However, following their technical education, would-be engineers need access to jobs and training so they can start and develop their careers. If an adequate pipeline of British Engineers is to be created it cannot be down to government and future engineering graduates - through their fees - to do the financial heavy lifting. I hope we can see a reciprocal number of industrial sandwich schemes, paid internships and individual sponsorship from the private sector.

One area where there is real progress is apprenticeships. The investment we have ploughed into apprenticeships over the past two years has led to record numbers.

I don’t pretend that apprenticeships can solve the skills supply issue at a stroke - but they are an important part of the solution. Specifically apprenticeships in engineering and manufacturing technologies have doubled in recent years to 49,000 starts in 2010/11. We recognise that in focusing on quality as well as quantity we need more advanced apprenticeships in engineering, construction and digital skills.

Smaller employers may need some extra help to absorb the costs of taking on an apprentice, so we are offering grants of £1,500 to support those with fewer than 1,000 employees that have not hired an apprentice in the past 12 months, and we have recently streamlined the process to make it as easy as possible for employers to recruit apprentices.

It is gratifying also to see that the bids for Employer Ownership Pilots that I announced on the 11th September have included a number of high-quality bids from employers seeking to meet their specific engineering needs.

Also, the development and delivery of higher level apprenticeships, equivalent to degree level, is being supported through a £25m fund that will build the engineering skills base in a range of disciplines, including environmental technologies, space, energy and utilities.

Engineering in HE

Our commitment to engineering is just as strong in the higher education system. Since 2009, the Higher Education Funding Council for England has invested in measures to increase the demand and sustain the supply of strategically important subjects within STEM. Engineering and technology are by far the largest of these subjects in terms of undergraduate numbers. This year, when we introduced the new student financing system, demand to study engineering held up better than for any other subject, as students have taken an increasingly hard-headed view about career options.

In addition, earlier this year an extra £12m was invested by the Engineering and Physical Sciences Research Council in new doctoral training programmes in four of the EPSRC Centres - Emergent Macromolecular Therapies, Continuous Manufacturing and Crystallisation, Ultra Precision, and Composites. Each training programme will support three cohorts of doctoral researchers and will provide specialist research and technologists specifically for advanced manufacturing industry.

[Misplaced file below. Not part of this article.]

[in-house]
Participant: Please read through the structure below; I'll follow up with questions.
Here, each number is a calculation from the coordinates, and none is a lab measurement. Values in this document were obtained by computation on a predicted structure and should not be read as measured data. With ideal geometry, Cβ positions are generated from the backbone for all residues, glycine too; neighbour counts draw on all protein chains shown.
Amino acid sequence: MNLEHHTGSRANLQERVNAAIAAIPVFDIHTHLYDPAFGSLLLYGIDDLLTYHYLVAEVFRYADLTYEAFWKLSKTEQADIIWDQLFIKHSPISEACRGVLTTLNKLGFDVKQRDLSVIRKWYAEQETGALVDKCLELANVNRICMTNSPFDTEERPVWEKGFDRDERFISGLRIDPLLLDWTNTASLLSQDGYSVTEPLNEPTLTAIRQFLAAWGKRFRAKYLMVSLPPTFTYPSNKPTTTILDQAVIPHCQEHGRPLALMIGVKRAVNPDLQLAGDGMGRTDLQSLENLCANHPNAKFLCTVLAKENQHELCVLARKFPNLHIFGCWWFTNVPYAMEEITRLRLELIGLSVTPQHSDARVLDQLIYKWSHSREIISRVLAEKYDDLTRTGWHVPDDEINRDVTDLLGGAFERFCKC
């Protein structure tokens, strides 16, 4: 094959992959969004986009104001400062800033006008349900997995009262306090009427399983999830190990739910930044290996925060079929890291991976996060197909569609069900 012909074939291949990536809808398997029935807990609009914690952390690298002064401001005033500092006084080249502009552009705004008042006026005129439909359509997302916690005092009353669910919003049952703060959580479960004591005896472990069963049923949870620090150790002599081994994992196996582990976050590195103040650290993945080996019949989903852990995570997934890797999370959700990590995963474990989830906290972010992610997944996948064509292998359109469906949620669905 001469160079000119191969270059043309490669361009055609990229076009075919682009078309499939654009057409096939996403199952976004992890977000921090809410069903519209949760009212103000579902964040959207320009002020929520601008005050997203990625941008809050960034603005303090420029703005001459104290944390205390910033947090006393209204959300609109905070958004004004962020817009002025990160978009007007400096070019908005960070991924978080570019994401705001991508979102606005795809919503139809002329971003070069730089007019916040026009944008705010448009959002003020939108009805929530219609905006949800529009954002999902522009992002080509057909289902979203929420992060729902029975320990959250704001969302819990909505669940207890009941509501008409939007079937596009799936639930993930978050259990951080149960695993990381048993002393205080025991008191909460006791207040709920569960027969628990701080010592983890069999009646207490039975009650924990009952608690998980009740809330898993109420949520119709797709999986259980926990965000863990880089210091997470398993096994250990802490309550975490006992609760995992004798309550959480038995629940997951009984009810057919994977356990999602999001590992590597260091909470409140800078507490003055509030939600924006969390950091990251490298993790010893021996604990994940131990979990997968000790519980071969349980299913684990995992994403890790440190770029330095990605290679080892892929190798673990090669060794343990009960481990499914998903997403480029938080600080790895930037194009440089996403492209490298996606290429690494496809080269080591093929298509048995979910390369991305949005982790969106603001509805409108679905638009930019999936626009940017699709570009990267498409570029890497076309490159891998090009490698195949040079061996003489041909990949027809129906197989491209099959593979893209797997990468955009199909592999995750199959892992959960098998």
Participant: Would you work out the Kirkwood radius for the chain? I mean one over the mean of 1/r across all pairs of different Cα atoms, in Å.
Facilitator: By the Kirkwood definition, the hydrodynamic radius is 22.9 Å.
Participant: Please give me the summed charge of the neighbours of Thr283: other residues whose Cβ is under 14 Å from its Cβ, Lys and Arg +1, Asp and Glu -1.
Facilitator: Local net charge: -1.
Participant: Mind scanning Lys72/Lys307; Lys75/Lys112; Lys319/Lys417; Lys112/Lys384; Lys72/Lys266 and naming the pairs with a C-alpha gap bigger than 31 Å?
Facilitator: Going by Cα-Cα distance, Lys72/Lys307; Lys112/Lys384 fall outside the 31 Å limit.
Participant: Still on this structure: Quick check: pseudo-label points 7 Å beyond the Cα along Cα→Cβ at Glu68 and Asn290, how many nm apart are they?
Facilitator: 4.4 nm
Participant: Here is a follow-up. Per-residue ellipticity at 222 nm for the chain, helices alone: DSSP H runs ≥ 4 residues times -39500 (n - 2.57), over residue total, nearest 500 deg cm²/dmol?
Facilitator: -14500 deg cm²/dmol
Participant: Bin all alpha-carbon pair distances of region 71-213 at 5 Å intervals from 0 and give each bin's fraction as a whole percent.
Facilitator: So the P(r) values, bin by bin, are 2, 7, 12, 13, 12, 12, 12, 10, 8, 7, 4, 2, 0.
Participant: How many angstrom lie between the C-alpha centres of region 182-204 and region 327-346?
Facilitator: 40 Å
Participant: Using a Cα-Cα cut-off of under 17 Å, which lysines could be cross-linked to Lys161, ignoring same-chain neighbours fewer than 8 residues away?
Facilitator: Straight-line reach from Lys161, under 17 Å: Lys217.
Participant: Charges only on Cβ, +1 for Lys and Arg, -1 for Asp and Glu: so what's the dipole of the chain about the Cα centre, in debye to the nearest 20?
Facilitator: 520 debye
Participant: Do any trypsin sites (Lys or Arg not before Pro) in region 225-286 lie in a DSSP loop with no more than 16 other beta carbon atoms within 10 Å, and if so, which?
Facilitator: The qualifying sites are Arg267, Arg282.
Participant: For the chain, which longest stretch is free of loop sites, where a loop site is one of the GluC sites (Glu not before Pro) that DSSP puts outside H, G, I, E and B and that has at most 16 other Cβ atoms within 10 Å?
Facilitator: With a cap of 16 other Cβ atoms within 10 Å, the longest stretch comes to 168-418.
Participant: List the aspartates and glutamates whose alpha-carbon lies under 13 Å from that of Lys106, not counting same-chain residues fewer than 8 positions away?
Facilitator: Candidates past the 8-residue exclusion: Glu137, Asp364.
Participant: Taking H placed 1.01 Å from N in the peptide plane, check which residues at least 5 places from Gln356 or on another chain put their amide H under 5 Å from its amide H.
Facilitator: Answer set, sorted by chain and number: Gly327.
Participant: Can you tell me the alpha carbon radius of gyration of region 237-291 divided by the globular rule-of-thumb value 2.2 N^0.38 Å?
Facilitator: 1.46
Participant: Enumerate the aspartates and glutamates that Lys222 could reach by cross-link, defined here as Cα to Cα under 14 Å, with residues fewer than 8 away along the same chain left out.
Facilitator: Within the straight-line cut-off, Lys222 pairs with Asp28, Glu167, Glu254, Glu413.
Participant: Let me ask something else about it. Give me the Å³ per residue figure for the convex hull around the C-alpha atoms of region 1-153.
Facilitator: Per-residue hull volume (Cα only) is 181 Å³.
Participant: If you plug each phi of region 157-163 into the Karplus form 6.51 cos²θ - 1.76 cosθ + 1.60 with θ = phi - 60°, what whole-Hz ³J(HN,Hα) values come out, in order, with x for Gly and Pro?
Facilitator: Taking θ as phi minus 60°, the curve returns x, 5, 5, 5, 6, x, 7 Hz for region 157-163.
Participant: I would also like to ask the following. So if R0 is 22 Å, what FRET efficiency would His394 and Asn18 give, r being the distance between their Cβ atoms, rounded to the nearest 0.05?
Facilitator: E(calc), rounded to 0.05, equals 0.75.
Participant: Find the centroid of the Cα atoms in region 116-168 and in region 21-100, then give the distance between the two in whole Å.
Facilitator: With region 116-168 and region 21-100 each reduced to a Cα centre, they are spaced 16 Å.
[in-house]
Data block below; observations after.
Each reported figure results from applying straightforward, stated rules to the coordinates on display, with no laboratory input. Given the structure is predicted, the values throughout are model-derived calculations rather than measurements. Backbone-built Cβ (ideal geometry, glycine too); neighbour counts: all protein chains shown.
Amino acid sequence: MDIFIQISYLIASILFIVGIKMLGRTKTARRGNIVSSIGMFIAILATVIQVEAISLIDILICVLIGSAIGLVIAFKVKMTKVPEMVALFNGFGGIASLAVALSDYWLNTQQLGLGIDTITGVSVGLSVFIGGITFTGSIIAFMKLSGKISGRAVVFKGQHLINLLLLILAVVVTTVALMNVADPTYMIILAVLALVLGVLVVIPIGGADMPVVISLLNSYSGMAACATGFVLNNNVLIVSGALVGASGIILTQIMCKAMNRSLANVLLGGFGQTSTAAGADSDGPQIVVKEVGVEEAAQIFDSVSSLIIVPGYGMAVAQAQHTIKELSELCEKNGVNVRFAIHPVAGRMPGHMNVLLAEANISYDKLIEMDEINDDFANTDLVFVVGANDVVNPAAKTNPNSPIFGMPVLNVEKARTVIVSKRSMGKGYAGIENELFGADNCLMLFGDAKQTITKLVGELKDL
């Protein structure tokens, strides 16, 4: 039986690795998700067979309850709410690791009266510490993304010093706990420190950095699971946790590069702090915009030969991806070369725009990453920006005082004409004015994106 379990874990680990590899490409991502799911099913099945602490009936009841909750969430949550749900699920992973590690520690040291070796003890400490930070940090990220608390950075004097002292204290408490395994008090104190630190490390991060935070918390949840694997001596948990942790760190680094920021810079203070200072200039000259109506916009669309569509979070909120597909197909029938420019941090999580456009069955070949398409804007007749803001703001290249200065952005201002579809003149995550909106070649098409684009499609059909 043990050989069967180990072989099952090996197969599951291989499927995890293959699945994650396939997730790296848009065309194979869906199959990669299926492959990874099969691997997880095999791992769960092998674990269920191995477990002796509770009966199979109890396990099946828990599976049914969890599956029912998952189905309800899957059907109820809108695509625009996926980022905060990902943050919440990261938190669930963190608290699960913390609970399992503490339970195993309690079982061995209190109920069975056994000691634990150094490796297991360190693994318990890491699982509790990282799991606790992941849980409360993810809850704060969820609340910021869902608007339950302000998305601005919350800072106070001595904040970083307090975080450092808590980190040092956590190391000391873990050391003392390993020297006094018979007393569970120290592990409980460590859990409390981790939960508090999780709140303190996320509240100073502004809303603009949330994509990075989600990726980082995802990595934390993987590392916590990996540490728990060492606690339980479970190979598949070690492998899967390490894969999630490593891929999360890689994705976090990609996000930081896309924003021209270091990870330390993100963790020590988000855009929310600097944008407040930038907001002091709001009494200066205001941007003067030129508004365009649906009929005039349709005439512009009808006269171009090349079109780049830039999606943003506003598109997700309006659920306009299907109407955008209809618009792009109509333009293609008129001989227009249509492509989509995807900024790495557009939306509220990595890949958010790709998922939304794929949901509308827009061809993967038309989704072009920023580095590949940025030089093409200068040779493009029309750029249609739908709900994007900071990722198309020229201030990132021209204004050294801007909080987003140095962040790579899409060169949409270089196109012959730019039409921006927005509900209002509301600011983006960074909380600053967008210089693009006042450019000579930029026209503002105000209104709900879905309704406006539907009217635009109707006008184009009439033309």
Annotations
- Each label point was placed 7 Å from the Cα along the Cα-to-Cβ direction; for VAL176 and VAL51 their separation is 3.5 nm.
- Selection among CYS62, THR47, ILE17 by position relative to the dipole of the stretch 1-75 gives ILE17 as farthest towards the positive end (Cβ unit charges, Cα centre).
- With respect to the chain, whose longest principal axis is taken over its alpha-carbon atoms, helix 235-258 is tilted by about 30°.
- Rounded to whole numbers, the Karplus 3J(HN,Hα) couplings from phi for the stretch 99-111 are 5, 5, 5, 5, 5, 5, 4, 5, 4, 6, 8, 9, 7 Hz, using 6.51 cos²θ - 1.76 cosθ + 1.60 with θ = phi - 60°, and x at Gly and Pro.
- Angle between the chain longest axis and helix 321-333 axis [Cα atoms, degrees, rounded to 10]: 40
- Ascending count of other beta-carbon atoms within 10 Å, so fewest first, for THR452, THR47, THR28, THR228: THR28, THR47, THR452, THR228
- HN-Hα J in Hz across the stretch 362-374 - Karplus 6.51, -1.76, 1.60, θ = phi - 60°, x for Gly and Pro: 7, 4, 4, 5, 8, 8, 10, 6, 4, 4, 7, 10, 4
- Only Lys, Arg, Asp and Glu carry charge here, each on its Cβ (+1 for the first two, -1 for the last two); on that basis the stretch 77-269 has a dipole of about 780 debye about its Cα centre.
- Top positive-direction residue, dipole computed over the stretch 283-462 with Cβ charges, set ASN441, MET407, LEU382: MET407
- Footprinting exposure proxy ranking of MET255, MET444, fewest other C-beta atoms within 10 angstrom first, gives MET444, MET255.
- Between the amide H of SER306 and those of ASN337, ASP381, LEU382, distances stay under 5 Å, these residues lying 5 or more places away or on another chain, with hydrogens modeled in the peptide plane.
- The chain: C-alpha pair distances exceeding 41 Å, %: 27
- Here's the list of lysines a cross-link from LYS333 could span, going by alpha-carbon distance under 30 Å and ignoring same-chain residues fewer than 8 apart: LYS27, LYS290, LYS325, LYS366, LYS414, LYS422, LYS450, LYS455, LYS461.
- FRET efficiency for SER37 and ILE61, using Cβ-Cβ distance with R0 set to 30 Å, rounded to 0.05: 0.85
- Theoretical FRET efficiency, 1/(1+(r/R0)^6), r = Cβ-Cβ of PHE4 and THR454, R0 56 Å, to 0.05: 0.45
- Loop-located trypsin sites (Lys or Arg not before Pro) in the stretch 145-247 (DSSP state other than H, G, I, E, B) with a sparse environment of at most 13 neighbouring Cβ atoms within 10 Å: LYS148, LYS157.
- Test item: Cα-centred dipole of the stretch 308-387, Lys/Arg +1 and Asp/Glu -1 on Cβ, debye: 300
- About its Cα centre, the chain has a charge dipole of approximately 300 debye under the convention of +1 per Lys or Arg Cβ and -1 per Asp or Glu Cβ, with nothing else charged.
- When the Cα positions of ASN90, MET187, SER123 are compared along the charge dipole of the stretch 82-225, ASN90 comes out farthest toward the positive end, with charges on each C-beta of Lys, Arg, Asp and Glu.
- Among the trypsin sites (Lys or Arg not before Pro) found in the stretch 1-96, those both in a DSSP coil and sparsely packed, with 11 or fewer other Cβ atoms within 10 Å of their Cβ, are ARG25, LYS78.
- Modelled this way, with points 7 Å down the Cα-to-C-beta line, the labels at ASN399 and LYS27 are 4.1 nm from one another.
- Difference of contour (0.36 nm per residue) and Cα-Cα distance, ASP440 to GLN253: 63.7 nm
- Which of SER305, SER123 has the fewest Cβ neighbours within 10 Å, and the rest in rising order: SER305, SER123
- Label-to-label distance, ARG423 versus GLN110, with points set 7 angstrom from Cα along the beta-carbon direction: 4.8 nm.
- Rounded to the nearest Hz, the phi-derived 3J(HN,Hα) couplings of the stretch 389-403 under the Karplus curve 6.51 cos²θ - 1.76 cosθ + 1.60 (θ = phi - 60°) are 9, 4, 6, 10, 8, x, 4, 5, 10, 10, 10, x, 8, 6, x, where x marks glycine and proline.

This programme will reinforce the £300m Research Partnership Investment Fund, which will be used to leverage over £1bn investment in science and R&D collaborations. The fund, run by HEFCE, will support the creation of more cutting-edge research facilities and help promote long-term strategic research partnerships between universities, businesses and charities.

A number of innovative projects have already been given the green light. For example, a £60m partnership between the Birmingham University and Rolls-Royce to establish a casting and simulation research facility. And a £92m partnership between Warwick University, Jaguar Land Rover and Tata Motors European Technical Centre for a new National Automotive Innovation Campus.

All of these interventions are designed to stimulate innovation, reduce the risks associated with investment in new technologies and R&D, and bolster the skills pipeline all the way along. The ultimate aim is to nurture a thriving innovation ecosystem which attracts the most talented people to careers in engineering and science.

Conclusion

But I am a realist and I recognise that the initiatives I have outlined will take time to bear fruit. I know, too, that more needs to be done to reverse the constraints on skills that have resulted from the historic lack of investment. It will also be necessary to win battles in Government to prioritise this agenda. Nevertheless, I am confident we will succeed in bolstering the skills base as we develop and implement our long-term plans for UK industry.

It’s an ambitious agenda and we stand ready to work with the CBI and others as it is implemented in the months ahead.